News blog: what it is like to study in a Chinese university

Having attended classes in Shanghai for a year, David Matthews returns a little more sceptical about education in the country

September 9, 2015
Student reads before National Entrance Examination for Postgraduate (NEEP)

If any particularly observant readers noticed that my byline disappeared from Times Higher Education around this time a year ago, I can now reveal why. I spent this past year in Shanghai Jiao Tong University learning Mandarin Chinese, which, apart from helping me learn my 的 from my 地 and my 得, put me back in the very place that I’ve been reporting on for these past few years: university.

Specifically, the year gave me a first-hand peek into Chinese education, often an object of envy and fascination in the West. Every year Chinese universities seem to ascend up the world rankings, while such is the perceived excellence of schooling there that the BBC recently sent a team to film Chinese teachers trying to turn around a Hampshire comprehensive through China-style 7 am starts, copious note-taking and tracksuits for pupils.

But when I mentioned this Western admiration for China’s education system to anyone who had actually been through it, the response was usually one of bafflement. No one that I spoke to remembered their schooling with much fondness; instead, they recalled a tedious diet of rote learning and a heavily propagandised history curriculum.

Chinese friends were also deeply cynical about their university experiences. One described Chinese undergraduates as like “animals released from the zoo” – having passed the ultra-high stakes gao kao exam, students simply coast through university, their intrinsic interest in learning crushed by the extreme pressure of school. This same friend also knew a contemporary who, having failed the gao kao, had bribed her way into a middle-ranking institution for the equivalent of £2,000.

Another, studying at a prestigious university in Shanghai, had to sit what were called “open book exams” – in other words, students were allowed to take their books into the exam hall, and the test was simply a long exercise in copying them out.  

I experienced these rather suspect academic standards up close. In preparation for a multiple choice listening exam, our class was told that if in doubt, choose “C”. And, lo and behold, “C” turned out to be the right answer a suspiciously high number of times.

Having written about international students being treated as “cash cows” in the UK, I couldn’t help but feel that I was experiencing the story first hand. Students learning Chinese were barred from the library on account of there being too many of us. Tuition fees were still low (at about £2,000 a year) but with class sizes of more than 20, it was hard to know exactly where all this money was going.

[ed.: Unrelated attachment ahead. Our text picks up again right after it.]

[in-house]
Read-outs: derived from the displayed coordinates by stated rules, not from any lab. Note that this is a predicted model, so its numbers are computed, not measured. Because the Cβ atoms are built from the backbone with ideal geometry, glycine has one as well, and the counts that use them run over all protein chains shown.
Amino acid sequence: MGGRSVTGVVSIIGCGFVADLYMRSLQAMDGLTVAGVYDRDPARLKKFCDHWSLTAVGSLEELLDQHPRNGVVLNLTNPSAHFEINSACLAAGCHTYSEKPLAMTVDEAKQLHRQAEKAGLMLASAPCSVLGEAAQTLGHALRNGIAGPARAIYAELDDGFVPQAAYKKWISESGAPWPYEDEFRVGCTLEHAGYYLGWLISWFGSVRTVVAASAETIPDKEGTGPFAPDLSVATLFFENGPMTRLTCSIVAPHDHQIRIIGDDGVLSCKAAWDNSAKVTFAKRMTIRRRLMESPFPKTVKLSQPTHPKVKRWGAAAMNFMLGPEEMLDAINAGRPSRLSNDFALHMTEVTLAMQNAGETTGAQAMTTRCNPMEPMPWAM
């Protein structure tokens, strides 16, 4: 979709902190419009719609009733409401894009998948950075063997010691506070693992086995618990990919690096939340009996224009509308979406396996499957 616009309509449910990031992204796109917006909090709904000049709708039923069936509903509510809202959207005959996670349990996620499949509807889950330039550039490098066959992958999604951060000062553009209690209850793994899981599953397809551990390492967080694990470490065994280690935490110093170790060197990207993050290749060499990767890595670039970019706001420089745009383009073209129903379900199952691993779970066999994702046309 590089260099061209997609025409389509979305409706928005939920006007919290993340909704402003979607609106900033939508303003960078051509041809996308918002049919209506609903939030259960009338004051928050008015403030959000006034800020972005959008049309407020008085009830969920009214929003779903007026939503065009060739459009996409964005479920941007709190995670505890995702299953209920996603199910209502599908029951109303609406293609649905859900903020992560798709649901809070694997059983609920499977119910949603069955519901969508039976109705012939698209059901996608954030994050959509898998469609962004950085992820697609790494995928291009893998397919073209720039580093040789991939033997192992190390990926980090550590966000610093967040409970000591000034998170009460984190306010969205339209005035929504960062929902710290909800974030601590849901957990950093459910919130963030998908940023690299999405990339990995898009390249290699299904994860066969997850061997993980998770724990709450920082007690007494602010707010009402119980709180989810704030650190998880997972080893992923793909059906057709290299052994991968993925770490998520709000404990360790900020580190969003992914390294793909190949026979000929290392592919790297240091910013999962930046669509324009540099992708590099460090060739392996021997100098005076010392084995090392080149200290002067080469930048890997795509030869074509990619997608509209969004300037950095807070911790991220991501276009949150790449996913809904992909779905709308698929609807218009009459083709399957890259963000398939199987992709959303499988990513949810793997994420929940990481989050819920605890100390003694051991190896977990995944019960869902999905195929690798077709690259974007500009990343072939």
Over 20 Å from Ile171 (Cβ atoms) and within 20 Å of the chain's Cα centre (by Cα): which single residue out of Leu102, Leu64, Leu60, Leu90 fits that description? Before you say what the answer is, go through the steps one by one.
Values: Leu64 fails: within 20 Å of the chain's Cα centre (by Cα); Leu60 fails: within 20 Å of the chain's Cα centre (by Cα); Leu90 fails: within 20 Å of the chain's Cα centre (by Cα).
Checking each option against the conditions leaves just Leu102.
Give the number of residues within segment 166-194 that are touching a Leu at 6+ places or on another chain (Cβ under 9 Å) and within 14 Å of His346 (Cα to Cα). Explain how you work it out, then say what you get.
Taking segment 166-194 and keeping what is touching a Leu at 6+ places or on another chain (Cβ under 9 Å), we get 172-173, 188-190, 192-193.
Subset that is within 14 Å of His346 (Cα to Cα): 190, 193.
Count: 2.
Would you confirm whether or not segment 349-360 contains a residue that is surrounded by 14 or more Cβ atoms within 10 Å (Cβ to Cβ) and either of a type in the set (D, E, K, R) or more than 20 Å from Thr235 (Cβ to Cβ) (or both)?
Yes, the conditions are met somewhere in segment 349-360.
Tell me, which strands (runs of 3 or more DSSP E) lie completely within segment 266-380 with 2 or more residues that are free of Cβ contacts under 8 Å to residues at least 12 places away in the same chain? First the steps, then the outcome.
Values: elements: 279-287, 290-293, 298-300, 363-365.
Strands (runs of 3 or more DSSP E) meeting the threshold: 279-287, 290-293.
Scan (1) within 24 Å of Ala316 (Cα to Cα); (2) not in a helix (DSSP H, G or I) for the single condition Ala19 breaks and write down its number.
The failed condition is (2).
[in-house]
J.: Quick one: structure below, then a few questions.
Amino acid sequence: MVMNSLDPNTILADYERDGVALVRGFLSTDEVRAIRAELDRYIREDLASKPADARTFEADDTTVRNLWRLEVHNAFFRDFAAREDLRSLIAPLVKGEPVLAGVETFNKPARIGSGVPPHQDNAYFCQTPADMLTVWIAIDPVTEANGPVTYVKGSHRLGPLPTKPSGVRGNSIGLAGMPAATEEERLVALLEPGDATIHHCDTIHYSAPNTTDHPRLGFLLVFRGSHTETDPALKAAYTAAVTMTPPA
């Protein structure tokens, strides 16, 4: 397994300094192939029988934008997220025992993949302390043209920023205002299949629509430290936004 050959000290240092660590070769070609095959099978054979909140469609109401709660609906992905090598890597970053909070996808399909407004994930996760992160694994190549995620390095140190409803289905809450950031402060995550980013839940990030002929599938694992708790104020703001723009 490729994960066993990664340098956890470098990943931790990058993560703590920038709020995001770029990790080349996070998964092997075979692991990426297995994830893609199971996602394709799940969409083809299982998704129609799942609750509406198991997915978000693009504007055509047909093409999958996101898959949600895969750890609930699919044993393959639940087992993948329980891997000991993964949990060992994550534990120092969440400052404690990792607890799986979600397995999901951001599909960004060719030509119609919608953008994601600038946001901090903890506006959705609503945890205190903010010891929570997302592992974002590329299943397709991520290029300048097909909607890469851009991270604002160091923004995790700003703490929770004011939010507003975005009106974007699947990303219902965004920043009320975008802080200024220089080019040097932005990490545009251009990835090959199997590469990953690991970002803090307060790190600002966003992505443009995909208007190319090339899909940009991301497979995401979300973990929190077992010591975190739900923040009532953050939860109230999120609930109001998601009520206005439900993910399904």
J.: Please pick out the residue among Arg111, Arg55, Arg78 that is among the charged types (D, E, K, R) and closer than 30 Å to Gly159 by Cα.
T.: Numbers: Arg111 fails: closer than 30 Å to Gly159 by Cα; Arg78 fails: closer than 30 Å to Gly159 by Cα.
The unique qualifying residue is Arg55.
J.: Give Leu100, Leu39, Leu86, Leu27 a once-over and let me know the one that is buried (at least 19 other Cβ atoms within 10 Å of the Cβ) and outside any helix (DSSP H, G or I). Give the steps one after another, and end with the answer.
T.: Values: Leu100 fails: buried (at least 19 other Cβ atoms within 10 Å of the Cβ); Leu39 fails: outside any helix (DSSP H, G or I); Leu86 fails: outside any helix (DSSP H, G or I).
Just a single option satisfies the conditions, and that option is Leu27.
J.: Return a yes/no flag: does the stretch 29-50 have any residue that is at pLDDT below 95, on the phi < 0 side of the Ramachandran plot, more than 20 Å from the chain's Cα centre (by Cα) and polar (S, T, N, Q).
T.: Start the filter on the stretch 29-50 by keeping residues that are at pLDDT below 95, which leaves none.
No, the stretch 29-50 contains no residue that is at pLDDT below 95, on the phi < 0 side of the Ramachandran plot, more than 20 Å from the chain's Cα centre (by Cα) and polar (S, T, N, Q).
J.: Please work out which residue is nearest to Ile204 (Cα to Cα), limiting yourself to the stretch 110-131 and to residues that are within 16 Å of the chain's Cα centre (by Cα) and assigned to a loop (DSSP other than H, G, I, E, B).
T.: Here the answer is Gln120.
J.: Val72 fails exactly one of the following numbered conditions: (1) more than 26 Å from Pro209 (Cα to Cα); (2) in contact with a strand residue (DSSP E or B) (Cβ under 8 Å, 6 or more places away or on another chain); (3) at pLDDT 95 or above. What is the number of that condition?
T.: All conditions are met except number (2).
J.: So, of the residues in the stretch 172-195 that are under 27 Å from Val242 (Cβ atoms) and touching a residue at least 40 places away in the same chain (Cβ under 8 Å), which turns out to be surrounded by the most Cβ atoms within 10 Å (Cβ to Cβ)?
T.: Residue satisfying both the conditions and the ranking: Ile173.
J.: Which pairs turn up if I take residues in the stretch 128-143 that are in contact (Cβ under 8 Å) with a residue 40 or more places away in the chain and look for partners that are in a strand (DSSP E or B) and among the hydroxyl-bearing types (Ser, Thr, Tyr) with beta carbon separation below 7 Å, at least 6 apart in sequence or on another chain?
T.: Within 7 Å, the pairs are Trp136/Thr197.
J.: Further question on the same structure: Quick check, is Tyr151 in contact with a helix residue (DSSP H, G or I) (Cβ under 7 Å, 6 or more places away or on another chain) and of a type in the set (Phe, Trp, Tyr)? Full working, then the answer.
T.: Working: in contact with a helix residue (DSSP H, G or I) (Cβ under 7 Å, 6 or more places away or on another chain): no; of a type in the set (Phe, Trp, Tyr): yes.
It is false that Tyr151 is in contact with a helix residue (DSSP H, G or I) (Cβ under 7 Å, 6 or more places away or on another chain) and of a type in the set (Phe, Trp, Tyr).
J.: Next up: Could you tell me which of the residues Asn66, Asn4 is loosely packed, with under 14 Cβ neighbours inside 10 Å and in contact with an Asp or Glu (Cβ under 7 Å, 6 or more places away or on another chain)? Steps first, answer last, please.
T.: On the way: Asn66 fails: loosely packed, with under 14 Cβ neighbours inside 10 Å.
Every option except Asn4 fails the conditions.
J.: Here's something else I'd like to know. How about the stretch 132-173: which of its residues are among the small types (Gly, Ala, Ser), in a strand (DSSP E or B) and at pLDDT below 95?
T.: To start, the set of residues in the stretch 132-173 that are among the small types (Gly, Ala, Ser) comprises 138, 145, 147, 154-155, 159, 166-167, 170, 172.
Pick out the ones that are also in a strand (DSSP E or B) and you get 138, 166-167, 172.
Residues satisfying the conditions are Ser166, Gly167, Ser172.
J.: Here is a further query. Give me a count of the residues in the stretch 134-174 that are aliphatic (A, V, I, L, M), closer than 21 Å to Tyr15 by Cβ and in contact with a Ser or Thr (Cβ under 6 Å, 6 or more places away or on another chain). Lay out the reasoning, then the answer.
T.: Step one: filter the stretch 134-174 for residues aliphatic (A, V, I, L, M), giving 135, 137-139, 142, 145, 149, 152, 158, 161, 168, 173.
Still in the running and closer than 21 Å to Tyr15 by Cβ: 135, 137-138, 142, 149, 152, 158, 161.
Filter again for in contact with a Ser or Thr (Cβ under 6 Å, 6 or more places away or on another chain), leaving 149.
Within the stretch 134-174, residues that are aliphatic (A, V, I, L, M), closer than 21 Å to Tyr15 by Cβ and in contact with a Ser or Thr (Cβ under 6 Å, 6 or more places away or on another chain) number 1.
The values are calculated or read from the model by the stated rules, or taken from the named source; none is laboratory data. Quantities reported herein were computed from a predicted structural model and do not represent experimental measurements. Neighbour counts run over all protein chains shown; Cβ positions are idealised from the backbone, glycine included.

Our teachers varied hugely in quality: some were excellent, possessing seemingly inexhaustible reserves of friendly patience when faced with our incomprehension. But another found it so difficult to answer our questions that she offered a tearful apology to the whole class. Either way, both belied the stereotype: none of our teachers demanded excessive rote learning, and usually welcomed our questions.

While I was abroad, I interviewed Yong Zhao, a Chinese-born professor at the University of Oregon’s College of Education, who has been arguing for years that the West should stop idolising the Chinese education system. The West oscillates between periods of Sinophilia and Sinophobia, Zhao argues in his book Who’s Afraid of the Big Bad Dragon: Why China Has the Best (and Worst) Education System in the World (2014).

He believes that the past decade has been one of excessive Sinophilia, particular in regard to education, and we should look more rationally at what does and doesn’t work in China’s system. Having experienced it for myself, his conclusions seem apt.   

In tomorrow's Times Higher Education, David Matthews reports from Hong Kong on academic freedom. It will appear online in the Features section.

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Reader's comments (1)

david, glad that you could get first hand experience on the chinese university system. in fact, you didn't have to. like anything in life said just about anything, there is a huge shade of grey. there are excellent and worst universities in china and india, like there are excellent and worst universities in the uk and elsewhere (of course the median quality is higher in certain places). the tragedy is that many of the hard-earned money of students from our country is spent in paying the exorbitant tuition fees in third-grade universities in places like the uk and australia. yes, you said it right, most of our students, who take huge loans, sell their farmland, parent's property, are indeed cash cows for the universities in the uk and australia. but we can hardly blame the universities in the uk and australia. we are the one who should take the blame. if we want this to stop, we have to bring the quality of our own universities at par with the best. btw, on record, i want to state that the university ranking brought about by most organizations, including times higher education, is full of crap. it does not take into account the parameters that are beyond anyone to think, for example, social justice, bringing students of downtrodden community at par with the privileged ones etc. etc. therefore, the barometer of success for our universities should not and must not be an inclusion in the top 100 or top 10 times higher education ranking but to enhance knowledge in our society and bring social justice. thank you. binay panda

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